Net Neutrality (CRTC-style)

In light of the FCC’s recently proposed rulemaking around Network Neutrality, many of you might have missed a similarly lively debate in Canada a few weeks back around the traffic management practices of Canadian ISPs. Over a week of public hearings, there were some astonishing revelations around the practice of throttling BitTorrent and other P2P traffic. Michael Geist’s excellent blog covered the events in detail and of course you can get the legalese of each submission from the CRTC website here.

Since congestion was the primary justification for throttling among the ISPs, it was the perfect opportunity in our own filing to showcase μTP (“micro-transport protocol) as the solution to these problems as well generally educate the commission on the benefits and efficiencies inherent in P2P technology. If congestion is in fact the problem, μTP effectively removes that rationale for BitTorrent throttling while demonstrating the ability of good old-fashioned innovation to solve the hard problems on the Internet.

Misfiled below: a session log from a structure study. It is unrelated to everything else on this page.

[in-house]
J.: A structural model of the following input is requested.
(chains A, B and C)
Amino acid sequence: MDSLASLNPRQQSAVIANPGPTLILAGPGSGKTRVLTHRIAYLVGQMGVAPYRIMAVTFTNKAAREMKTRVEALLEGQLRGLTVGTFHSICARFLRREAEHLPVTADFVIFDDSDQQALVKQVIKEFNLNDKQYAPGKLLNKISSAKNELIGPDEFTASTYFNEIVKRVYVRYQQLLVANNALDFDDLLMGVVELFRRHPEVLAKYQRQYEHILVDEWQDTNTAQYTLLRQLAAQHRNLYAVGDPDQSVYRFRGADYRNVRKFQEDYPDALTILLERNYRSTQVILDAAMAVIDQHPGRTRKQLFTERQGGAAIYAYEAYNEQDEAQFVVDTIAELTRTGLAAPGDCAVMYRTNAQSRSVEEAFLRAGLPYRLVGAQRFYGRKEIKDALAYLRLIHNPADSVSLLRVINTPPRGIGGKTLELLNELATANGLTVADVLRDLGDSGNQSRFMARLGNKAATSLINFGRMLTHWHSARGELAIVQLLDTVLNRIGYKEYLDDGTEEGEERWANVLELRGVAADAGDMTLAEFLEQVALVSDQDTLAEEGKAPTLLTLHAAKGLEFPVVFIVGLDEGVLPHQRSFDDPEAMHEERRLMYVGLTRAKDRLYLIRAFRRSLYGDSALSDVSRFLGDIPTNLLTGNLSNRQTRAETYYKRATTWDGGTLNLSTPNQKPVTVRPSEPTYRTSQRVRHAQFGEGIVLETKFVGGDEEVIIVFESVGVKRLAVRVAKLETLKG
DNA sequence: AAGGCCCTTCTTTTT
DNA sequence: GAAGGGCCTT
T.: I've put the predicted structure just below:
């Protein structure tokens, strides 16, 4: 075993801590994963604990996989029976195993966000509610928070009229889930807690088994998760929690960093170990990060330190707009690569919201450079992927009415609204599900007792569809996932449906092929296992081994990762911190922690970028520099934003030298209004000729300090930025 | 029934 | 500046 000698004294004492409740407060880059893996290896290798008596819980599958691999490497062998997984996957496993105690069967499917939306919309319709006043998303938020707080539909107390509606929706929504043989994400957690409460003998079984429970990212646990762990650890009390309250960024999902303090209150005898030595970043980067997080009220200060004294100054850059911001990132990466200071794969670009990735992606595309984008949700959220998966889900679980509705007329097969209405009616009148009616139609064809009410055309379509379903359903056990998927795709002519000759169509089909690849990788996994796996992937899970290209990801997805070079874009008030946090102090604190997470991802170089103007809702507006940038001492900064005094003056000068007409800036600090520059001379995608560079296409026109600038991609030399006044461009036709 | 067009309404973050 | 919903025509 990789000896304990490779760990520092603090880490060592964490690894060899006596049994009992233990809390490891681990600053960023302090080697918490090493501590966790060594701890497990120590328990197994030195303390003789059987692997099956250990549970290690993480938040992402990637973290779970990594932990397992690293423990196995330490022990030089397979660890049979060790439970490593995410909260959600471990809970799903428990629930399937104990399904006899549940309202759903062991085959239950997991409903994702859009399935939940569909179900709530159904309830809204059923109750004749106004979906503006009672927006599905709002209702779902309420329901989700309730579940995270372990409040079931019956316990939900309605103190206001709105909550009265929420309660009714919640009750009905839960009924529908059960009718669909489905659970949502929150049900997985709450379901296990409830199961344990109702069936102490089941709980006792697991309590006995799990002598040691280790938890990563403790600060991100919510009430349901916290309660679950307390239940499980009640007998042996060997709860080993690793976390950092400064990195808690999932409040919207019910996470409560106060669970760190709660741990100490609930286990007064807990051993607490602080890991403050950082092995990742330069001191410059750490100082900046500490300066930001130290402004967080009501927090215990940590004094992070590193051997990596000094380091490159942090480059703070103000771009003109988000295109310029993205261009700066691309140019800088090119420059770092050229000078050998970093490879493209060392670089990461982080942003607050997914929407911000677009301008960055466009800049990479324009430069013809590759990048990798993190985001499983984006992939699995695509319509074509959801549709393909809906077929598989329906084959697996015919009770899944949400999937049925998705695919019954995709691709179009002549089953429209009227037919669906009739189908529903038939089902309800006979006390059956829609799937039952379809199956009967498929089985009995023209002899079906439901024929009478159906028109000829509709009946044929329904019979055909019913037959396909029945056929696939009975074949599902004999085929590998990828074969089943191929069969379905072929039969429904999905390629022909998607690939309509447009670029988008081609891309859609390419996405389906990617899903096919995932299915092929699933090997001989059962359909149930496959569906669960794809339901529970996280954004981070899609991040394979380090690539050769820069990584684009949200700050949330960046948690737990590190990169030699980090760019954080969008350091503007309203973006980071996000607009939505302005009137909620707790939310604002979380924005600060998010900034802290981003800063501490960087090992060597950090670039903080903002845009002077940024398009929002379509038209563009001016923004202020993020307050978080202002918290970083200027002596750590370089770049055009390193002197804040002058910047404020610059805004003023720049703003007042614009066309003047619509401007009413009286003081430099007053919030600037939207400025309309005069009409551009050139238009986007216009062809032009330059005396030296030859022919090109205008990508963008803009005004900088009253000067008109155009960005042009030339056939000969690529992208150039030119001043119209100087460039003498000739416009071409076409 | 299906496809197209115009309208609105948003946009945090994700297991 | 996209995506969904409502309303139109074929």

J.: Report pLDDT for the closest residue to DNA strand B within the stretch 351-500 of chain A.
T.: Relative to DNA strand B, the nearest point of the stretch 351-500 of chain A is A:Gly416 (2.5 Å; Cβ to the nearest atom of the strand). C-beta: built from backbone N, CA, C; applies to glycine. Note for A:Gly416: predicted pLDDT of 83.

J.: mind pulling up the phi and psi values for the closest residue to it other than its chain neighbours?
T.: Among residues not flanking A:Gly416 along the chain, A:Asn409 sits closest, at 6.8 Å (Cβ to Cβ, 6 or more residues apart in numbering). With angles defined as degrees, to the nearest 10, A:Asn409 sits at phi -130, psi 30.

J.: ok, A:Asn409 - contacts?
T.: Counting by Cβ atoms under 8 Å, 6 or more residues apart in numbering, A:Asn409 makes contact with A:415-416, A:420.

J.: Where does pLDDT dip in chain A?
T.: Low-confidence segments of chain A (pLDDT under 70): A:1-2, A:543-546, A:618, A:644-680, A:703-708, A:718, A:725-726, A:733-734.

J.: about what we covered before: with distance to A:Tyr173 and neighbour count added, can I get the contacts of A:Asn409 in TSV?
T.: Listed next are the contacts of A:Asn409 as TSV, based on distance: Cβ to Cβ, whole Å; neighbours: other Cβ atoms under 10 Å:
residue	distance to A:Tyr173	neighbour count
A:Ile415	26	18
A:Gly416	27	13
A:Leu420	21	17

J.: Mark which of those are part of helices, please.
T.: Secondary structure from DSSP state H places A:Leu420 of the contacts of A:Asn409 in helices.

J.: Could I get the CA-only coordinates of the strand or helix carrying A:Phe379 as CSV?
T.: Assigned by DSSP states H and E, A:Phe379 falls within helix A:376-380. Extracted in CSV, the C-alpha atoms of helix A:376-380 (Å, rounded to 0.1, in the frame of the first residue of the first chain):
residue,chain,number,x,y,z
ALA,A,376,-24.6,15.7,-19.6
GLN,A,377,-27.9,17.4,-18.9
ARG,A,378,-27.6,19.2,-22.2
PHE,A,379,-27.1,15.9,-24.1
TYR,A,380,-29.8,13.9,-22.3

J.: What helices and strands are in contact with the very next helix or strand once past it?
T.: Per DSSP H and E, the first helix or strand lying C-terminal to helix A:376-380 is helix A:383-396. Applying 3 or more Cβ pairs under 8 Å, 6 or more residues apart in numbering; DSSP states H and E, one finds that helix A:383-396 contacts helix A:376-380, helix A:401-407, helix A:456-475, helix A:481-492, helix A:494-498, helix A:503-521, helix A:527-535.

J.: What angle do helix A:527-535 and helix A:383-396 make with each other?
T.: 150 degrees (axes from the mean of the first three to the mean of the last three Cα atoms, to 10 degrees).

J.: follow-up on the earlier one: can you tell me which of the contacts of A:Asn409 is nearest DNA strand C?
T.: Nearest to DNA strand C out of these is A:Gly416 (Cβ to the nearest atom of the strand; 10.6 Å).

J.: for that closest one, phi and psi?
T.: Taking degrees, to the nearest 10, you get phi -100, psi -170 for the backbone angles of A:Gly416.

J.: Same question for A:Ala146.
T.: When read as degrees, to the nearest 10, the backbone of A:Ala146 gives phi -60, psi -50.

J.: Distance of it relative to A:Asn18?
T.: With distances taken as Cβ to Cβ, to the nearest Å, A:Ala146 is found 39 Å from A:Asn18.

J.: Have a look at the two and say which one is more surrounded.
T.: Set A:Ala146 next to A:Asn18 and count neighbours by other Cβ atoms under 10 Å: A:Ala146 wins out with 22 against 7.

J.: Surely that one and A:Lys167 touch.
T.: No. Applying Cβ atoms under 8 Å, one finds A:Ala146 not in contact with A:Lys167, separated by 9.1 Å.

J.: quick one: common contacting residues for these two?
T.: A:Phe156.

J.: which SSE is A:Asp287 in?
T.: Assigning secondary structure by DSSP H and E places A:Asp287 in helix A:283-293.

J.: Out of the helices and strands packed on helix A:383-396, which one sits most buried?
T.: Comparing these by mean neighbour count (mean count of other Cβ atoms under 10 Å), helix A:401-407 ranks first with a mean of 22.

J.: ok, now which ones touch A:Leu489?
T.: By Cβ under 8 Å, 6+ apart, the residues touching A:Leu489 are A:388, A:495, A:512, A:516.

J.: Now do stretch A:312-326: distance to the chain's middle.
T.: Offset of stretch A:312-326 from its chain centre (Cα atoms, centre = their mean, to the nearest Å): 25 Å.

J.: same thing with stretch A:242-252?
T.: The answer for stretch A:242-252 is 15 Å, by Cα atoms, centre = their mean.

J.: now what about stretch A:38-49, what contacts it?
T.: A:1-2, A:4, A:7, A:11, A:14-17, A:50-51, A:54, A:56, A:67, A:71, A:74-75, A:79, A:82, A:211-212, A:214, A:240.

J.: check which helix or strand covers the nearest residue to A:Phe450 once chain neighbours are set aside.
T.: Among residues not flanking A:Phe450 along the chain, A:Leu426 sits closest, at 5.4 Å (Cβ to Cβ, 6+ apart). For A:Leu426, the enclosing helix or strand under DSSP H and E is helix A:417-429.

Many of the ISP filings ask the regulators to allow the market to work its magic (“don’t regulate us”). The irony of this position cannot be lost on those of us who must compete and reach consumers on these networks, and yet are subject to ad-hoc traffic management policies.  Traffic management by its very nature can skew the marketplace in favor (or to the disfavor) of any technology or business.   In recognizing the need to manage congestion on these networks, these traffic management technologies should therefore be very even-handedly applied.

We believe μTP will solve the ISPs’ greatest problems around congestion, and we would ask and hope that the ISPs will stand behind their market oriented principles (which we share as our daily reality) and refrain from throttling P2P traffic using μTP.  It would be a demonstration of good faith to the market and the power of engineers and innovation to solve a myriad of problems.

— Eric —

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